Center for Excellence in Teaching and Learning

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Tips for Planning Fall 2021 Teaching and Learning

Mon Aug 16, 2021 at 07:00 AM

While this is not necessarily a comprehensive list, it can provide a structure for many of the planning items to attend to for fall 2021. Make a copy of this checklist, and add additional notes and items specific to your needs.

After more than a year of teaching during a pandemic, we hope fall 2021 brings some public health improvements compared to last fall. We have also learned many lessons during the pandemic that can help us provide a positive experience for our students. Nevertheless, as we are still teaching during a pandemic, we recommend the following preparations to plan for a flexible semester and to make room for the joy of teaching and learning. We have provided some actionable items below. For more information see the Toward Post-Pandemic: Teaching Considerations document and Toward Post-COVID Teaching webpage.

  • Plan upcoming courses by reflecting on the most recent semester. The Reflecting on the Semester Teaching Tip provides a basic approach to reflecting on the semester based on a variety of data, along with links to reflection models for continuous improvement and for other purposes. Consider what practices are worth continuing as we are still teaching in uncertain times. Two articles may provide a jumping point for planning for this semester: How to Prepare for the Next Phase of Hybrid Teaching (Chronicle of Higher Education) and 4 Pandemic Teaching Strategies to Keep (Inside Higher Ed).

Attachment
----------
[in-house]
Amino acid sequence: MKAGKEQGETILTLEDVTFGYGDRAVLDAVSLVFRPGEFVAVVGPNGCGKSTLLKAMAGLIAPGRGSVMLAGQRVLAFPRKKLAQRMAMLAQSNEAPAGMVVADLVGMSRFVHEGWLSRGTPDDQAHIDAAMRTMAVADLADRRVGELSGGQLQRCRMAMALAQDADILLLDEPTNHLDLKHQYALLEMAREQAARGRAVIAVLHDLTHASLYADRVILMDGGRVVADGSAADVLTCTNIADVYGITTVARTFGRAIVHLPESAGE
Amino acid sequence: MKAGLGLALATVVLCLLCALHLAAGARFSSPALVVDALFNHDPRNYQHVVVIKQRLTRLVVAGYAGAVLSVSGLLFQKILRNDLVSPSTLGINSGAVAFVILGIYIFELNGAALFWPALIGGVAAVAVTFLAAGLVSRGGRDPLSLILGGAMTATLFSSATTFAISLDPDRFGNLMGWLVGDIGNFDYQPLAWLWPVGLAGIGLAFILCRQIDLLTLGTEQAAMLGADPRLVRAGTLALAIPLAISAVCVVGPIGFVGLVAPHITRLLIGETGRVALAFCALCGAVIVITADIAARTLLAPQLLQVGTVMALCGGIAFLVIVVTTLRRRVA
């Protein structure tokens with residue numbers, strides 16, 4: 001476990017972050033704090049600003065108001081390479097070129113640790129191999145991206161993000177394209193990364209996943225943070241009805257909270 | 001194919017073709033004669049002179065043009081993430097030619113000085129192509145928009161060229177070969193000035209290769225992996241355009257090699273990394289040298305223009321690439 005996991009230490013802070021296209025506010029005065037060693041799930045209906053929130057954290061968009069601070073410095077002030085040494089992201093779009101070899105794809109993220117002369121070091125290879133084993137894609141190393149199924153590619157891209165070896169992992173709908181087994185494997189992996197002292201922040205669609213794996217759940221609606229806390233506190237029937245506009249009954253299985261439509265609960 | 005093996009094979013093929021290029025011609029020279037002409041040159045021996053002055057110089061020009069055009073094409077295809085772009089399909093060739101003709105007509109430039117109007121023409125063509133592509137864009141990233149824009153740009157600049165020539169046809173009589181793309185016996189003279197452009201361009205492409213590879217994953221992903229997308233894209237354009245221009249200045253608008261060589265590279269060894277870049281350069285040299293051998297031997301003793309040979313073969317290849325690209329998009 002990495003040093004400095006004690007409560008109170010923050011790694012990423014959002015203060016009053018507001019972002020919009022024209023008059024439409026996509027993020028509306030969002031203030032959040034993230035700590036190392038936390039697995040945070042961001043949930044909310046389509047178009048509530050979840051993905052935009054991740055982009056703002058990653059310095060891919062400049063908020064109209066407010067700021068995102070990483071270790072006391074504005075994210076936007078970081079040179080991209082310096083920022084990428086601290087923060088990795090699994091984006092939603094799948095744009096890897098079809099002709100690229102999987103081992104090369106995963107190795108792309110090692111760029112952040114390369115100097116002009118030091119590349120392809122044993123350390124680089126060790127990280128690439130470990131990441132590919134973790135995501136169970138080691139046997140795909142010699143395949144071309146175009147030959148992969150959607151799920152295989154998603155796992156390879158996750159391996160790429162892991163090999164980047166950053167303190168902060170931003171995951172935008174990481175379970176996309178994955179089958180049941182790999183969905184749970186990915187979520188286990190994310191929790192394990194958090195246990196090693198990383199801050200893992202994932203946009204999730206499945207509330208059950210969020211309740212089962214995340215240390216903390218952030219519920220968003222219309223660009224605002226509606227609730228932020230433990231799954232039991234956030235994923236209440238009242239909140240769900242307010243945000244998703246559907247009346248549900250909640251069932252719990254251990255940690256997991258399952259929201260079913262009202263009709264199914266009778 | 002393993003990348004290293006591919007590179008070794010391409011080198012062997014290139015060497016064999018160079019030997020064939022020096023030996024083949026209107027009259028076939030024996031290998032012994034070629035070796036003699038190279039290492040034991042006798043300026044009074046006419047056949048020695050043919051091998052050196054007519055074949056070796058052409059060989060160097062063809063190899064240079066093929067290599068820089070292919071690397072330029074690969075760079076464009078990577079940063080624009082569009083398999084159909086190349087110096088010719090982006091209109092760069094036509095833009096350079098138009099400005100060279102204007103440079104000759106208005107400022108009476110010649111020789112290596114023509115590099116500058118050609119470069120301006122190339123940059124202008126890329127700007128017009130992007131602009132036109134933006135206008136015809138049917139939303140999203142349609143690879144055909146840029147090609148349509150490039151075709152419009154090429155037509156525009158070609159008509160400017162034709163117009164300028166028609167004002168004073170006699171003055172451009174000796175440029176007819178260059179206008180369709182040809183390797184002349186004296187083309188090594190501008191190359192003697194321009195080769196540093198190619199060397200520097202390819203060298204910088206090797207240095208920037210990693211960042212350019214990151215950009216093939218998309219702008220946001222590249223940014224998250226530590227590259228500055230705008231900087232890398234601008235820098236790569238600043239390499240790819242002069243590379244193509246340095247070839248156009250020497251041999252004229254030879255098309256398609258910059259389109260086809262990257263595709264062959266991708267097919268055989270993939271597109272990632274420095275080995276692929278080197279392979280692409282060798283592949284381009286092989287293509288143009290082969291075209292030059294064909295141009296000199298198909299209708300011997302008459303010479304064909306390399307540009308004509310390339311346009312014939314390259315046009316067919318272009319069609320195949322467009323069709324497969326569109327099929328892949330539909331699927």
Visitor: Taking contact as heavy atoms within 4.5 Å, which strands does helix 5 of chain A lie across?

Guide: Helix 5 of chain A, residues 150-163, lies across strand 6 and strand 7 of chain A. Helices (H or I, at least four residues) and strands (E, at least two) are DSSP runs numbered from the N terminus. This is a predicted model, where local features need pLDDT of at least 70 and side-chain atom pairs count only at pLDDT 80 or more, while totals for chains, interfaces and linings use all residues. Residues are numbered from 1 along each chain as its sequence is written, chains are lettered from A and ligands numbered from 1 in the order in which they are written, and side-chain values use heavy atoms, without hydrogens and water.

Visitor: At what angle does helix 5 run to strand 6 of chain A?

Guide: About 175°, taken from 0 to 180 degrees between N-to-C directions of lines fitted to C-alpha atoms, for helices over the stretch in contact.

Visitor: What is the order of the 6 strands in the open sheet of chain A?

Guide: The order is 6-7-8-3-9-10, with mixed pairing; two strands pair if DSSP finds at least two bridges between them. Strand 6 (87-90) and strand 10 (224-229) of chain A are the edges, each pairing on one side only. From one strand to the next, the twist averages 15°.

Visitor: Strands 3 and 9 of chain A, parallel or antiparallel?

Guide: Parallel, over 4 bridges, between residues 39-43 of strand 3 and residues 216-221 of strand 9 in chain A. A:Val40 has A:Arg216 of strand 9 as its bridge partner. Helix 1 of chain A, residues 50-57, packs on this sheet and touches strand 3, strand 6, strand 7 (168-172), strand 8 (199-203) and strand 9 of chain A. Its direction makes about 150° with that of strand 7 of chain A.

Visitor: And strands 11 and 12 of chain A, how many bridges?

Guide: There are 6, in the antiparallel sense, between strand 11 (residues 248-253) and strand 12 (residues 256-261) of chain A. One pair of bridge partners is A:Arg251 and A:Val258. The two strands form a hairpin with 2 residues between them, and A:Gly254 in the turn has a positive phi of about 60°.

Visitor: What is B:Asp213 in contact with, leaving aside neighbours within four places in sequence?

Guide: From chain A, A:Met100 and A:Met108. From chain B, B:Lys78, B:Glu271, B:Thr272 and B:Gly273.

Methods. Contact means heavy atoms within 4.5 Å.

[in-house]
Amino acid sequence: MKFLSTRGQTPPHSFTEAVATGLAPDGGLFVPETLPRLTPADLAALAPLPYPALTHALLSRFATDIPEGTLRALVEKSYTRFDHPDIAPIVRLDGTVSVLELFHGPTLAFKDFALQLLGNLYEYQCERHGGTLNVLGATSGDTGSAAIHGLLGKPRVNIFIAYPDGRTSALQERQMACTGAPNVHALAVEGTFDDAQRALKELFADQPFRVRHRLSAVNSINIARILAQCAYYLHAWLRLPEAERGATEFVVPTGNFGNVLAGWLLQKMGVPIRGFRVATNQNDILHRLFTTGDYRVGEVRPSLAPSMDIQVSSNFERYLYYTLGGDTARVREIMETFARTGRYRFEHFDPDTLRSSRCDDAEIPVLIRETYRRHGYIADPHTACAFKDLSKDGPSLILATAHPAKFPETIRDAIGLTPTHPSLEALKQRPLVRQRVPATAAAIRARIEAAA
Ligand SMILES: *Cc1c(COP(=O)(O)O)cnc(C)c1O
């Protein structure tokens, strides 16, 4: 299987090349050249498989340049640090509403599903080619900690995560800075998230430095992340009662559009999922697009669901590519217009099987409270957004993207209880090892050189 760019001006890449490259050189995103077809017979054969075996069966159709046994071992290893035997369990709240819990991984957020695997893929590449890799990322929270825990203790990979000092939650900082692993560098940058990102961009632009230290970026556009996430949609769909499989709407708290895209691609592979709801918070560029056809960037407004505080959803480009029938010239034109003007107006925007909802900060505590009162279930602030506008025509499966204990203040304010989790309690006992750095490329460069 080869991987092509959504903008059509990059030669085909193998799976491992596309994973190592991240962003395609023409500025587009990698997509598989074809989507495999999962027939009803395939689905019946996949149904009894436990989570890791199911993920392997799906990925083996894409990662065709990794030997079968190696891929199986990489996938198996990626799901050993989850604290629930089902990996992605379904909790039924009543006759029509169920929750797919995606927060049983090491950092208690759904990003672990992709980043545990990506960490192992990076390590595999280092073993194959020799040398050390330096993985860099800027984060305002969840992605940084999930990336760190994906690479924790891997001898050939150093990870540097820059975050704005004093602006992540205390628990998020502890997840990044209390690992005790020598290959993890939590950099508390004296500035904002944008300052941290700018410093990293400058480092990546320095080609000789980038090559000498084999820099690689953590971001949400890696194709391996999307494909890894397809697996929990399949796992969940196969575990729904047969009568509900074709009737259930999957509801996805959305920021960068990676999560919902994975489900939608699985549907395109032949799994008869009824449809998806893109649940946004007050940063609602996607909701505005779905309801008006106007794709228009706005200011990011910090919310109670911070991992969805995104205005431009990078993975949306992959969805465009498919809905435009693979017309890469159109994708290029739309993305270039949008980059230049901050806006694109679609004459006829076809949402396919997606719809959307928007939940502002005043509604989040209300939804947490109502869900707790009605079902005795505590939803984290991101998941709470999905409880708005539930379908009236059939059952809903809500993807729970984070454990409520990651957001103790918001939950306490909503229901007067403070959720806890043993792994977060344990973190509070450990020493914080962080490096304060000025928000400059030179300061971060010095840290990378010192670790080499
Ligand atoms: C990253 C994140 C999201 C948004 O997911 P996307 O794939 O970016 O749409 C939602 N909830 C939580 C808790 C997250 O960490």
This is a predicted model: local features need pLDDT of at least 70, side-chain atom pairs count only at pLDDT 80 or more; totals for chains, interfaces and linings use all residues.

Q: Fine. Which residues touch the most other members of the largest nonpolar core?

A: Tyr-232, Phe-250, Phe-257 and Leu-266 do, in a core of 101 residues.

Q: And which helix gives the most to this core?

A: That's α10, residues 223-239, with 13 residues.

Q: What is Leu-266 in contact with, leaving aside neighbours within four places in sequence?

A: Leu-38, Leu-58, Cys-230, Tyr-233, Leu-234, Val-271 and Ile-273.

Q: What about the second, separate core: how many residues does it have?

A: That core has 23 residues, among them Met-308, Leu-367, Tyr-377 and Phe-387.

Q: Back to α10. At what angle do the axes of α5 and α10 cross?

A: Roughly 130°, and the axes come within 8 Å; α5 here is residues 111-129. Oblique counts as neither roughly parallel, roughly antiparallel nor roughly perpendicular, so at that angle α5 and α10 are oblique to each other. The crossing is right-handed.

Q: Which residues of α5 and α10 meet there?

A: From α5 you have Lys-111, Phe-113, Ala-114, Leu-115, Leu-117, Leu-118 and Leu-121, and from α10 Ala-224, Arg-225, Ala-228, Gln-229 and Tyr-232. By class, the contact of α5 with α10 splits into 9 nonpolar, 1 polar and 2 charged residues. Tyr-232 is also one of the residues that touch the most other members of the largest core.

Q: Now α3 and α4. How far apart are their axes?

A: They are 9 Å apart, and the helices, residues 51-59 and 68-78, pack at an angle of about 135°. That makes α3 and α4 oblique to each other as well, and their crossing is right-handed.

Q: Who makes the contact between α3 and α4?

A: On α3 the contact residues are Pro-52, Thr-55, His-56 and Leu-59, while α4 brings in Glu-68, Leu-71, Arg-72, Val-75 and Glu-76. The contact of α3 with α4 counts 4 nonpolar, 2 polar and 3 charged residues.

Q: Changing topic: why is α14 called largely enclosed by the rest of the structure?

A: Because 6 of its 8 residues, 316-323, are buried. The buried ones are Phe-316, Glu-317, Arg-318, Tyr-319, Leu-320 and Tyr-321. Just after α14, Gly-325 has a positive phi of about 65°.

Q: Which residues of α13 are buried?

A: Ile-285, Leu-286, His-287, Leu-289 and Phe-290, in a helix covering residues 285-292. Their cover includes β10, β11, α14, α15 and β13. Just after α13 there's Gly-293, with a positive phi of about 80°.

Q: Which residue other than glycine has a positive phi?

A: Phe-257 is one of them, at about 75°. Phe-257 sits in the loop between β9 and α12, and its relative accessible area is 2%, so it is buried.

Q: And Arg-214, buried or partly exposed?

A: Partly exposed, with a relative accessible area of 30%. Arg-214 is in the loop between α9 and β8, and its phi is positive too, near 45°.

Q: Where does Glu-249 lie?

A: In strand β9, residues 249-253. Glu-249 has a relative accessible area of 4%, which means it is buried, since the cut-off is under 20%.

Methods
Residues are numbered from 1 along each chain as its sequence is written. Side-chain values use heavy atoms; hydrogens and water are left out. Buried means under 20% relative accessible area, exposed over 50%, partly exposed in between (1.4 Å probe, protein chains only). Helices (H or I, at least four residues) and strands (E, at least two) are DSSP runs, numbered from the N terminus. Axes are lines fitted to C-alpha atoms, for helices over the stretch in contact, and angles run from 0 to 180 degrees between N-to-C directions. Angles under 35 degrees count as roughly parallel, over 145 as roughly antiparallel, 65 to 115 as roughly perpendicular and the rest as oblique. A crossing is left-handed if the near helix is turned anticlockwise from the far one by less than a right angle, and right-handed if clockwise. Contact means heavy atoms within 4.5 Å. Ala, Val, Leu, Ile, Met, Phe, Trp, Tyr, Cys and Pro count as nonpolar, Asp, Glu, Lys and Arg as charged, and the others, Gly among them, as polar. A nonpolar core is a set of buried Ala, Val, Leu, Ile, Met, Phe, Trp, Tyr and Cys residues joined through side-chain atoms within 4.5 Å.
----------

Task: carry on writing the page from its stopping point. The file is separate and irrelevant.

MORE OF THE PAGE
• Confirm current university decisions influencing instruction, and check for timely updates. Save email announcements that come from Academic Affairs, check the Academic Experiences page, or contact your department chair. If outstanding issues remain, go to the Academic Affairs Guidance and Updates for Faculty eSpace for resources and to ask questions.
  • Follow the set teaching schedule. All courses have been assigned an instruction mode. Work closely with your department chair or program coordinator to confirm your schedule. Please ensure that you follow this schedule and format. If you are teaching “in-person” you need to be meeting only at the times set for the in-person sessions. If you are teaching a combination of in-person and online, clearly identify in your syllabus the dates and times that you will be meeting in-person and follow that schedule. As this is a confusing time for students, also talk through scheduling and expectations often in the first weeks of the semester. 
  • Use the syllabus to help guide decisions. The OU Syllabus Resources page includes an updated syllabus template with COVID-related links and language. Updates for Fall 2021 include a new excused absence form and continued pandemic-conscious flexibility recommendations.
  • Keep it simple and minimal. Preparing for an uncertain semester with novel challenges means instructors and students alike will be navigating new procedures. Keeping course activities, structure, and workload simple and minimal will help everyone focus mental energy on the core learning of the course.